Napoleon's attack on Egypt in 1798 was the first on a Middle Eastern country by a Western power in modern times. With 335 ships and 40,000 men, it was the largest long-distance seaborne force the world had ever seen. Napoleon's assault was intended to be much more than a colonial adventure, however, for he took with him over one hundred and fifty scientists, mathematicians, artists and writers - a 'Legion of Culture' - with a view to bringing Western civilization to 'backward' Egypt. Ironically, what these intellectuals discovered in Egypt would transform our knowledge of Western civilization and form the basis of Egyptology. But there were also setbacks. Nelson's destruction of the French fleet at the Battle of the Nile apparently put an end to Napoleon's secret plans to follow in the footsteps of Alexander the Great and invade India. Napoleon was just twenty-eight when he invaded Egypt and it was an episode which contained in embryo many seminal events of his later career and set the standard for his brilliant, ambitious and ultimately disastrous career.
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(197mm x 128mm x 31mm)
Publisher: Vintage Publishing
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US Kirkus Review »
Strathern (James Joyce in 90 Minutes, 2005, etc.) wades into the muddy waters of France's fabled North African campaign in 1798 - 99.It's well established that Napoleon fancied himself a new Alexander the Great, eyes voraciously turned on conquering Egypt and then India, and the author crafts a solid account of the young general's ambitions. Having gained notoriety as the "liberator of Italy," steeped in Constantin Volney's seminal 1787 text Voyage en Egypte et en Syrie and harkening cries by Talleyrand and others to liberate Egypt from the Mamelukes and jump-start French colonial expansion, Napoleon in 1798 ransacked the Vatican's coffers and set out with an armada of 335 ships. The campaign was as much a "civilizing" enterprise as a military venture: The general took along 167 "hand-picked savants" from France. Among them were mathematician Gaspard Monge and chemist Claude-Louis Berthollet, who intended to plant European ideas and extract the essence of Egypt's ancient grandeur. Pursued by Admiral Nelson, however, the general was thwarted at the Battle of the Nile and later at the Siege of Acre; what was planned as a triumphal progress ended with his precipitous flight back to France in 1799. In between the battle scenes, Strathern paints a portrait of Napoleon the man, sketching his humiliation over wife Josephine's infidelities and his implausibly lofty ideals, which spawned a generation of Romantic artists. His team of savants spurred the discipline of Egyptology, thanks to painter Vivant Denon's sketches of fabulous ancient ruins and the discovery of the Rosetta Stone, among other valuable artifacts.Inserting extracts from diaries and letters, the author does a solid job re-creating Napoleon's "dream of an Oriental empire" without offering many new insights. (Kirkus Reviews)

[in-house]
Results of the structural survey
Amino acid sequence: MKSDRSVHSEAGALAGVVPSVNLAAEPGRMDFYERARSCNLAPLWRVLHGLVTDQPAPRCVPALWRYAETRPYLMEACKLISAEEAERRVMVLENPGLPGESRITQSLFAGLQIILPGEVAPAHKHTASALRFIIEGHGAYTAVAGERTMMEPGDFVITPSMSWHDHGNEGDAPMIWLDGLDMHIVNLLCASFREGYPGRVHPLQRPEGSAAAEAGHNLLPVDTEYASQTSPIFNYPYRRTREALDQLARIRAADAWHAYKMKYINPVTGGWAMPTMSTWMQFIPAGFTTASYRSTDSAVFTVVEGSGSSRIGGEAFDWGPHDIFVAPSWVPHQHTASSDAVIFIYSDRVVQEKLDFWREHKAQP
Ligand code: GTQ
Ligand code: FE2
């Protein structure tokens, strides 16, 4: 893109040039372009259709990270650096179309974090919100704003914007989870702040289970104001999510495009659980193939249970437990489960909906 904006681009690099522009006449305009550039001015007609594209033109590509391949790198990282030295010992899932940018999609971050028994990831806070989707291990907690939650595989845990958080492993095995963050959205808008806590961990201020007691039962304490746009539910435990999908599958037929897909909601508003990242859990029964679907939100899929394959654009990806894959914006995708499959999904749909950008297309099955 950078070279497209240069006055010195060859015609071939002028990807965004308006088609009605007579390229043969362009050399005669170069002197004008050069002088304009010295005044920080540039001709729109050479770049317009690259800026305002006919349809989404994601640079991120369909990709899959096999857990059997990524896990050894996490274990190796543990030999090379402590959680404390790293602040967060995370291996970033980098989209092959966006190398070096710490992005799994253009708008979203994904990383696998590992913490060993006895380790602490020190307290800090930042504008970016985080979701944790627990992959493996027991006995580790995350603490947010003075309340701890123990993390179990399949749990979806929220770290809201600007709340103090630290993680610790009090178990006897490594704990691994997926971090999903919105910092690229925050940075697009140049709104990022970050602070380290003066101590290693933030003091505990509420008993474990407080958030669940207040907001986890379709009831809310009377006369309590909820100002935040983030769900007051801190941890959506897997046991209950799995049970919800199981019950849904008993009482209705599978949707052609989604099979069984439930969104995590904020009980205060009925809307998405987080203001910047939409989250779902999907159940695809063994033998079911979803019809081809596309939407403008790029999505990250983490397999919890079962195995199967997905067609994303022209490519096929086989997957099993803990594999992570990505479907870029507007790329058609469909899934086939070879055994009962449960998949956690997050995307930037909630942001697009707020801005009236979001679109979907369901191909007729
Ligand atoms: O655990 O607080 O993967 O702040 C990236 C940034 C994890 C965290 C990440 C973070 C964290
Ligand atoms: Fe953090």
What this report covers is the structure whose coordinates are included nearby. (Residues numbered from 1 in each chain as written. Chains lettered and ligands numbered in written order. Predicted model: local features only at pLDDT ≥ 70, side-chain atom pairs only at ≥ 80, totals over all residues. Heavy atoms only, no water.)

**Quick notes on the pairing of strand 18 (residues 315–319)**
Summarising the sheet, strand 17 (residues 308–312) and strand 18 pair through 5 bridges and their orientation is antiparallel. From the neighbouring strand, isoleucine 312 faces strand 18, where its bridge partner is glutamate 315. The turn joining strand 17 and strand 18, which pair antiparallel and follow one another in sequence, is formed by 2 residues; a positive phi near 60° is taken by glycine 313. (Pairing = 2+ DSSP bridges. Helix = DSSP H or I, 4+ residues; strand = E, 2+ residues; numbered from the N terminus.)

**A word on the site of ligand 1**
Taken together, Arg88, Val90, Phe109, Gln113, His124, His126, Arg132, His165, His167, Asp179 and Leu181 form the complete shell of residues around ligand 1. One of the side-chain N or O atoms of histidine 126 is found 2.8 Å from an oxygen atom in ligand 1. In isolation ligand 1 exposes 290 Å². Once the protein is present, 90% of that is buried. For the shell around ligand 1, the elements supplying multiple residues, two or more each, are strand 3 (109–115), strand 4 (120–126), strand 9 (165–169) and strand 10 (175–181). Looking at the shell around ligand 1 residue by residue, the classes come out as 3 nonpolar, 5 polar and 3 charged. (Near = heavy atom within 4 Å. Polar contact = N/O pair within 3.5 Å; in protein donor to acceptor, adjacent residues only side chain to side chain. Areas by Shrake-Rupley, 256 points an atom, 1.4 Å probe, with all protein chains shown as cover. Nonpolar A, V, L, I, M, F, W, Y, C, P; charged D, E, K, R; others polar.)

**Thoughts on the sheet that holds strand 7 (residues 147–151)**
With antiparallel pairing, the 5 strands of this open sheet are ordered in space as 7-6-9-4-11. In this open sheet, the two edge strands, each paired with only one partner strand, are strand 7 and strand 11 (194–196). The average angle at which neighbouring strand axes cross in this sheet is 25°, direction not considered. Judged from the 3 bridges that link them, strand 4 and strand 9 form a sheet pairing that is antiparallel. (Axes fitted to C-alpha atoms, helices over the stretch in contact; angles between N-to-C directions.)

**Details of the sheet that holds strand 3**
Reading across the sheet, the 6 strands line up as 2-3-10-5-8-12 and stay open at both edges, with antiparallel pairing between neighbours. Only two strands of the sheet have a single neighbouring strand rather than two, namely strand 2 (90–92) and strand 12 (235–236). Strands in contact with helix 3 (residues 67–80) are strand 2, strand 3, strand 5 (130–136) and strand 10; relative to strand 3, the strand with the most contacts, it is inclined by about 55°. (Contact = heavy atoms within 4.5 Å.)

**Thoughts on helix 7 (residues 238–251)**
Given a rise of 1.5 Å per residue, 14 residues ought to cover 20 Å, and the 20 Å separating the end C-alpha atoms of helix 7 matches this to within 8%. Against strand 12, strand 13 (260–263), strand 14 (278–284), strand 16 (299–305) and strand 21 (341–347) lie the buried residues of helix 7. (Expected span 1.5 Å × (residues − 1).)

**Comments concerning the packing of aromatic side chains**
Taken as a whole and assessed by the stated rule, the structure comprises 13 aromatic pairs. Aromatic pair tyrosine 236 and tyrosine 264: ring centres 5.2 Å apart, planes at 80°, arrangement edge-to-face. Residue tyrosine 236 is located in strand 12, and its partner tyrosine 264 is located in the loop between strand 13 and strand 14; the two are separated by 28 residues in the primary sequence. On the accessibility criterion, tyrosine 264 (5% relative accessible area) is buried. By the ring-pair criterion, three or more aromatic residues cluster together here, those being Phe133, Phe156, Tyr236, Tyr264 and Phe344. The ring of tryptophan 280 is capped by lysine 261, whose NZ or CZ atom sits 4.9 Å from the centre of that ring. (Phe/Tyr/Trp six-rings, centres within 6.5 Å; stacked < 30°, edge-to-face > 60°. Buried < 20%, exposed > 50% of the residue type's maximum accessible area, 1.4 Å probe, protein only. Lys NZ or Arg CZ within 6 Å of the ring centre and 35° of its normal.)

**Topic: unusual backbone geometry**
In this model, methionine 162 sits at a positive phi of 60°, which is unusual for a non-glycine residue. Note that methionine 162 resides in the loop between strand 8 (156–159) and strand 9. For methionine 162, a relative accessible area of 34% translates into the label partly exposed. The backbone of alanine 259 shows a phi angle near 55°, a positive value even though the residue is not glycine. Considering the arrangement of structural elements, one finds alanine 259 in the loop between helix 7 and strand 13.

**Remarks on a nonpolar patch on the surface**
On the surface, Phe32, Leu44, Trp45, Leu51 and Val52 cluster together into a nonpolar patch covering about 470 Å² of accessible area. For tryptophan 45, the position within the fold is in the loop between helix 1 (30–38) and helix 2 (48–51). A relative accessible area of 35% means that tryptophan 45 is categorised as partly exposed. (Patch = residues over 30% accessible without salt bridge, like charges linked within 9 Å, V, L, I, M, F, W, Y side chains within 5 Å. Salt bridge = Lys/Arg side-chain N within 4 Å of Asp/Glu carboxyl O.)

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Author Biography - Paul Strathern
Paul Strathern studied philosophy at Trinity College, Dublin. He has lectured in philosophy and mathematics. He is a Somerset Maugham prize-winning novelist; the author of two series of books - Philosophers in 90 Minutes and The Big Idea: Scientists who Changed the World; The Medici: Godfathers of the Renaissance; and, most recently, has written Mendeleyev's Dream (shortlisted for the Aventis Science Book Prize) and Dr. Strangelove's Game: A History of Economic Genius.